Figure 6. In planta expression pattern of outer and inner envelope proteins. GFP-fusion protein expression patterns in intact leave cells of N. tabacum, 48 h after Agrobacterium infiltration. GFP fluorescence (GFP) in yellow, bright-field photo (bright-field) in black/white and an overlay (merge) of representative leave areas are shown. (A) Expression of outer envelope protein AtLACS9–GFP in intact epidermis cells led GFP signal to co-localize with chloroplasts and stromule formation (arrowhead). (B) Expression pattern of the inner envelope protein AtTIC40–GFP shows dot structures associated with the chloroplasts (arrowhead). Also slight GFP rings can be seen around the chloroplasts. Size bars: 20 μm.
The expression of an untagged AtLACS9 led to the formation of tubular structures protruding from the chloroplast (Figure 7). This demonstrated that the membrane alteration is not due to the GFP-fusion. We achieved similar results to those described above with constructs driven by the ubiquitin10 promoter and β-estradiol inducible promoter (data not shown). Thus, the observed alterations were not due to an effect of the 35 S cauliflower mosaic virus promoter.
Figure 7. AtLACS9 w/o GFP expression in N. benthamiana leaf protoplast. Protoplast of a transfected N. benthamiana leaf cell expressing AtLACS9 driven by a 35 S-promoter. (A) Chloroplasts are connected by a system of strings (arrowhead). (B) Close-up of the connections between the chloroplasts.
Investigating the Identity of Structural Alterations
The tubular structures we observed during expression of the outer envelope proteins AtTOC64 and AtLACS9 were reminiscent of the previously described stromules (e.g., Köhler and Hanson, 2000; Hanson and Köhler, 2001). Stromules are stroma filled extensions from plastids that are surrounded by the inner and outer envelope membranes. Previous work on the inner envelope protein AtTIC40 reported similar structures compared to those observed in our study and it was concluded that the inner envelope proliferated in several layers when expressing this protein from the chloroplast genome. It had also been shown that the outer envelope was not affected by these proliferations (Singh et al., 2008).
To further investigate the induced structures, we performed transmission electron microscopy on transiently transformed N. benthamiana leaves, expressing AtLACS9–GFP or AtTIC40–GFP. The analysis showed that chloroplast of transfected cells expressing AtLACS9 had extensions filled with stroma that were surrounded by two membranes (Figures 8A–C), the inner and the outer envelope. We further observed direct connections between distinct chloroplasts via such stroma filled extensions (Figure 8A and insert). In addition, organelles like mitochondria (Figure 8B) and peroxisomes appeared to be surrounded by stroma filled loops of the chloroplast (Figure 8C). These latter observations were comparable with ultrastructural analyses of rice leaves (Sage and Sage, 2009). We concluded that the structures observed by confocal microscopy were stromules, because they contain stroma and are surrounded by the inner and outer envelope membranes (Köhler and Hanson, 2000).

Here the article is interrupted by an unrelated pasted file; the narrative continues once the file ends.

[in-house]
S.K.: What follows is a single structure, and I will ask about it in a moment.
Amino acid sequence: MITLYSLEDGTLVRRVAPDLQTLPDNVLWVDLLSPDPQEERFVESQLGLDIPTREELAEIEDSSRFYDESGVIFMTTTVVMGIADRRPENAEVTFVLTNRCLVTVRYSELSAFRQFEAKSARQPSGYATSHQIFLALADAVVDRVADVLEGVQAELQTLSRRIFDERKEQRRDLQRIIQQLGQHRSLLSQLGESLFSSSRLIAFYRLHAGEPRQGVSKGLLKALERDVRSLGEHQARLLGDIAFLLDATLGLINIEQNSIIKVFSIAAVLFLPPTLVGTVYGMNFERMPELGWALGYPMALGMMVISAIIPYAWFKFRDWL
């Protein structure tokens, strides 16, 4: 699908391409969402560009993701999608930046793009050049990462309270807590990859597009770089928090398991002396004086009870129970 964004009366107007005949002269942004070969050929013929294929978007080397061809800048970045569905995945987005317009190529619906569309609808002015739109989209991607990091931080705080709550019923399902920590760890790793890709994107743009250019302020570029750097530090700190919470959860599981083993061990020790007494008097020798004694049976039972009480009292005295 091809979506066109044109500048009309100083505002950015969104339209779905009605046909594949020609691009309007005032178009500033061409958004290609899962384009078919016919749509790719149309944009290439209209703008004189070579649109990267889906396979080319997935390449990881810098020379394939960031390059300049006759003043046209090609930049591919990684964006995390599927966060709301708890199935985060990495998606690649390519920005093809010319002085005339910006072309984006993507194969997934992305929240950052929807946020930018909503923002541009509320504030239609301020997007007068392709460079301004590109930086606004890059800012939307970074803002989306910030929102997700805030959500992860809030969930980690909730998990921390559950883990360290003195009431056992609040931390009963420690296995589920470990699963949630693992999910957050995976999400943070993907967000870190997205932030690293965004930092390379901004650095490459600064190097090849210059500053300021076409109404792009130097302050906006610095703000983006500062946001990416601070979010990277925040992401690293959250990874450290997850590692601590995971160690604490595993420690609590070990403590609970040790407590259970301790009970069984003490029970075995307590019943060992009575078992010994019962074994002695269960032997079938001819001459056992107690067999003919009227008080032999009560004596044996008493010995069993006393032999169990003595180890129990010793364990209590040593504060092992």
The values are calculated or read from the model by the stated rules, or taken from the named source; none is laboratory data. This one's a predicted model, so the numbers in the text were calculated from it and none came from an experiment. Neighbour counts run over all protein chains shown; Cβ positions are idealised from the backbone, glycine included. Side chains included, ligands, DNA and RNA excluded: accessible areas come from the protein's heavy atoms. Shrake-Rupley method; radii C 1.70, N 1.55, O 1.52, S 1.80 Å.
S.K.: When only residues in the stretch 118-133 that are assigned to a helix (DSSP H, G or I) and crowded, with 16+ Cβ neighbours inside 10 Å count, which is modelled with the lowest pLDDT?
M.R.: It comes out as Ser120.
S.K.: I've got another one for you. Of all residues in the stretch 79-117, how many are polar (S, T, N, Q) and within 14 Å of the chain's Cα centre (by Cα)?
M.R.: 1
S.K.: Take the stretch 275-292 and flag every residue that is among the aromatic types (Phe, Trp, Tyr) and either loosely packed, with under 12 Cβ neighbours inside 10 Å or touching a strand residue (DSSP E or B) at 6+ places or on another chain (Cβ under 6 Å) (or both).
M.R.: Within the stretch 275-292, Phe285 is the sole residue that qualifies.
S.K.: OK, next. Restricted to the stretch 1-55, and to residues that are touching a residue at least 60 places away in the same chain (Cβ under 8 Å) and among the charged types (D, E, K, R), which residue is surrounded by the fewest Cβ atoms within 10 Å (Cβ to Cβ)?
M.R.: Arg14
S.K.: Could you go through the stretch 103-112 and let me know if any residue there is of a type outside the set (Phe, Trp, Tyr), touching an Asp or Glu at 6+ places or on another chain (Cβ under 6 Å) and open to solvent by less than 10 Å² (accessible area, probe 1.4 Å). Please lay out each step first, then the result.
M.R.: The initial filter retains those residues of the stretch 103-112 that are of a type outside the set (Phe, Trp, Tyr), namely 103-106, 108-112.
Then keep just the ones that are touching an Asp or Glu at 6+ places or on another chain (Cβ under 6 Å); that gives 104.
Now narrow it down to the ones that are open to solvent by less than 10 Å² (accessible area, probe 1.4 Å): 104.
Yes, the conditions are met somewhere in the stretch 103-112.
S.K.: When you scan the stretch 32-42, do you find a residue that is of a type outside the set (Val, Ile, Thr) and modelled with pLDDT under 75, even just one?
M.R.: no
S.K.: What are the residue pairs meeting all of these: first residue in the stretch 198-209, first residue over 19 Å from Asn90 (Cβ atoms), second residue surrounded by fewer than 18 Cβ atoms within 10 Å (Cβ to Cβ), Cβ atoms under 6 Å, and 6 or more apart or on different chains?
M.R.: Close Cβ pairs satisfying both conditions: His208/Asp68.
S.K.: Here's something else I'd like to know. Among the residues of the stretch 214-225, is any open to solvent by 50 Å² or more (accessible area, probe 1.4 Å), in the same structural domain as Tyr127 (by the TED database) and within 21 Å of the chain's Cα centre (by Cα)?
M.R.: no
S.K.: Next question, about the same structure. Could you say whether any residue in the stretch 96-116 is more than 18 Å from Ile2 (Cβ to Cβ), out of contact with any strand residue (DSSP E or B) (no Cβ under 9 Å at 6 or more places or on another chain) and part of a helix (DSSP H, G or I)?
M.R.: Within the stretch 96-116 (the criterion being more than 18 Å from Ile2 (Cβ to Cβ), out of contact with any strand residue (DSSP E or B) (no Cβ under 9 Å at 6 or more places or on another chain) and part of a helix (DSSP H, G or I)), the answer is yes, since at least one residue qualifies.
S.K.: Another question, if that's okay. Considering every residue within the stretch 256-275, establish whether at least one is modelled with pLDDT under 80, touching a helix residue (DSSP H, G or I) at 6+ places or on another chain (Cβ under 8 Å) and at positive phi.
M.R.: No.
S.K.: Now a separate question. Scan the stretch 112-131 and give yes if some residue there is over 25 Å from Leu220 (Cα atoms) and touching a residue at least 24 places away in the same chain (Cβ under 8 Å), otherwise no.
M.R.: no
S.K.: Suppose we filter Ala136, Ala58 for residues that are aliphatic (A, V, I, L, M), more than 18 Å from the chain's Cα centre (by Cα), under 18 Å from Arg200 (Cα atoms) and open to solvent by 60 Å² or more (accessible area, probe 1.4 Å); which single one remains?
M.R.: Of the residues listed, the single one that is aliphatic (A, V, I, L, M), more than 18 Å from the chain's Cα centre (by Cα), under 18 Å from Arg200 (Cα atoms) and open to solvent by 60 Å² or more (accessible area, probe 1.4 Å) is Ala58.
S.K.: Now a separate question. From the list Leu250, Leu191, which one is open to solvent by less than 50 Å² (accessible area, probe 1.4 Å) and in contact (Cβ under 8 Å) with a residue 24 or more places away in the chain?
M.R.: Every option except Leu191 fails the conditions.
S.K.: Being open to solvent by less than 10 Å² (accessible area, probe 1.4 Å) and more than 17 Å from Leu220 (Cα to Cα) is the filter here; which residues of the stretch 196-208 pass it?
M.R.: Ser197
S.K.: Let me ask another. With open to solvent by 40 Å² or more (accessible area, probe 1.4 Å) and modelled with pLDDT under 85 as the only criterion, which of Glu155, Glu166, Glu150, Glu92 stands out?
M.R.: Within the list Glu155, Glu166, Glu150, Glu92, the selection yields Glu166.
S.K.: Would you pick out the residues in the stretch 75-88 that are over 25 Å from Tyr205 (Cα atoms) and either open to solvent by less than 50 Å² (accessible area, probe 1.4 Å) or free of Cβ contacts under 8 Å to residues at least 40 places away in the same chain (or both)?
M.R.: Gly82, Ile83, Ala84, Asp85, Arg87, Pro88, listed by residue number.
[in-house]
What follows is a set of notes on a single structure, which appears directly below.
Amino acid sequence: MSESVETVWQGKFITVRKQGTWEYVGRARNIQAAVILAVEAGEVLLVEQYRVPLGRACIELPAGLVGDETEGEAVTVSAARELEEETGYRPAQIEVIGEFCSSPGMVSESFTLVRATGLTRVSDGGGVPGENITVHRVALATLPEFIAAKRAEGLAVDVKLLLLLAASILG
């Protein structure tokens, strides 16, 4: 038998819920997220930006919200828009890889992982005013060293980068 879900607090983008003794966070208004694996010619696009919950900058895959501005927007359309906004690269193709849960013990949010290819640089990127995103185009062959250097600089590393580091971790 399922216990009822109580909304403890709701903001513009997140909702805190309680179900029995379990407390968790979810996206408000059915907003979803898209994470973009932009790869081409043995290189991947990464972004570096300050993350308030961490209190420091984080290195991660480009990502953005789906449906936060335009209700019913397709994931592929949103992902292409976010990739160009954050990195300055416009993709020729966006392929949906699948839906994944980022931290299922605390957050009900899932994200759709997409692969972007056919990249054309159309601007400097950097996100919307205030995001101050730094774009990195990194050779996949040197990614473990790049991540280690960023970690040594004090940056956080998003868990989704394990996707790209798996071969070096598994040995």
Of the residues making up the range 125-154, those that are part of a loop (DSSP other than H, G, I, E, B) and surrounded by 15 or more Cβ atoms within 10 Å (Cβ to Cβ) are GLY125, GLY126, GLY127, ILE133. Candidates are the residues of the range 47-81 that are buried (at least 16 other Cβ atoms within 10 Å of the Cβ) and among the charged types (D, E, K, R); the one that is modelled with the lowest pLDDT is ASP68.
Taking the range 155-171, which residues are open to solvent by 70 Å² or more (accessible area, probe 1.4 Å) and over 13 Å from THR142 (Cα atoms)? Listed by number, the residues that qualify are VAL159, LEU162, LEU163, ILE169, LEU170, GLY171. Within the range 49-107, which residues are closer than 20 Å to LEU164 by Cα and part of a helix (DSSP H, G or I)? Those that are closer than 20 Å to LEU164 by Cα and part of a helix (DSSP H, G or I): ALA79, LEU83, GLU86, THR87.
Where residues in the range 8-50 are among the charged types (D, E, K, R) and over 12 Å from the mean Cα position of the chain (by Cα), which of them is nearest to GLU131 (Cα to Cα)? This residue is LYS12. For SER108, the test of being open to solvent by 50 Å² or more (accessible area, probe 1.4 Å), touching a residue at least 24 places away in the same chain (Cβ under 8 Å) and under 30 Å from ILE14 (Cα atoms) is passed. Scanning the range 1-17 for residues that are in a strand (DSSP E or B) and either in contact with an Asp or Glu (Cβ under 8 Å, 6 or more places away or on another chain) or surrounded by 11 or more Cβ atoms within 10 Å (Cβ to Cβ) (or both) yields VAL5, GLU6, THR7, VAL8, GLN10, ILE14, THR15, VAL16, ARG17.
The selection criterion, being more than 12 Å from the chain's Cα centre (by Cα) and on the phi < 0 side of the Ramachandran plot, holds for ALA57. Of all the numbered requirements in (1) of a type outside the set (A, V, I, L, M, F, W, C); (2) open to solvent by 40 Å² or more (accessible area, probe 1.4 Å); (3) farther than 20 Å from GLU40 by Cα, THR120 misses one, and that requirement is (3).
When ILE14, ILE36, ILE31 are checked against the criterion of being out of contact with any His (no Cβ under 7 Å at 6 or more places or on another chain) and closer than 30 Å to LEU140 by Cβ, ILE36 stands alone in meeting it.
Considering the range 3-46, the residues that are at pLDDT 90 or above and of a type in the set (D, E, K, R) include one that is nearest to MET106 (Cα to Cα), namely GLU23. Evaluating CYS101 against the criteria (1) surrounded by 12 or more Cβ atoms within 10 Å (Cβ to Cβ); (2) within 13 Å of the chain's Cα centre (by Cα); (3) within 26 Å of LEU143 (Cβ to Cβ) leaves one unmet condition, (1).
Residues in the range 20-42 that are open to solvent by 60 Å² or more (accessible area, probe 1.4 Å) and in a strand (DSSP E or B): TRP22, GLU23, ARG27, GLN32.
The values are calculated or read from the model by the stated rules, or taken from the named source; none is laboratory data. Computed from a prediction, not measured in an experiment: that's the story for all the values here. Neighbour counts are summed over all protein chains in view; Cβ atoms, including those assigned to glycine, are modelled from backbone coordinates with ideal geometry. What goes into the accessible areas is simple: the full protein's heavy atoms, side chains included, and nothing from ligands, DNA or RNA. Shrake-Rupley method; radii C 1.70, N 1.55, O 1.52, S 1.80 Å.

Figure 8. Analysis of transient transfected N. benthamiana leave cells by transmission electron microscopy. Ultrastructural analysis of leave material of N. benthamiana plants transiently transfected with the constructs 35S:AtLACS9–GFP (A–C) or 35S:AtTIC40–GFP (D). [(A); and inset] Stroma filled connection sites (arrows) between chloroplasts in AtLACS9 transfected tobacco cells. The lower chloroplast displays a thin, stroma filled extension (arrowheads). Scale bar in (A) 0.5 μm, scale bar in the inset: 0.2 μm. (B) An AtLACS9–GFP containing chloroplast enclosing a mitochondrion (arrow) by a stroma filled extension. (C) A chloroplast of an AtLACS9–GFP expressing tobacco cell displaying a very thin, stroma filled tube. Scale bar in (C) [applies also to (B)]: 1 μm. [(D) and inset] Chloroplasts of AtTIC40–GFP transfected tobacco cells displaying areas with layers of inner envelope membrane (between arrowheads). The inset shows a higher magnification of additional layers of inner envelope membrane (arrowheads). A double arrowhead labels the outer and inner envelope membranes in close proximity. The proliferated membrane withdraws from the thylakoid membrane and generates a thylakoid free area (arrows). Scale bar in (D) 1 μm, scale bar in the inset: 0.25 μm.
The structures observed in AtTIC40-transfected cells were remarkably different from those of the outer envelope protein-transfected cells. Additional membrane layers were observed in distinct areas (Figure 8D and insert). These proliferations affected only a part of the inner envelope, while the majority of the inner envelope surface appeared unaffected and did not proliferate. These results are consistent with a previous study in which AtTIC40 was expressed from the chloroplast genome and lead to proliferation of inner envelope membrane (Singh et al., 2008). In addition to the proliferations in distinct areas, the folded membrane with drew from the chloroplast center creating a thylakoid free area (Figure 8D). These effects could also be seen in confocal microscopy pictures, where the GFP signal the chlorophyll autofluorescence were separated by a gap (Figure 2A zoom).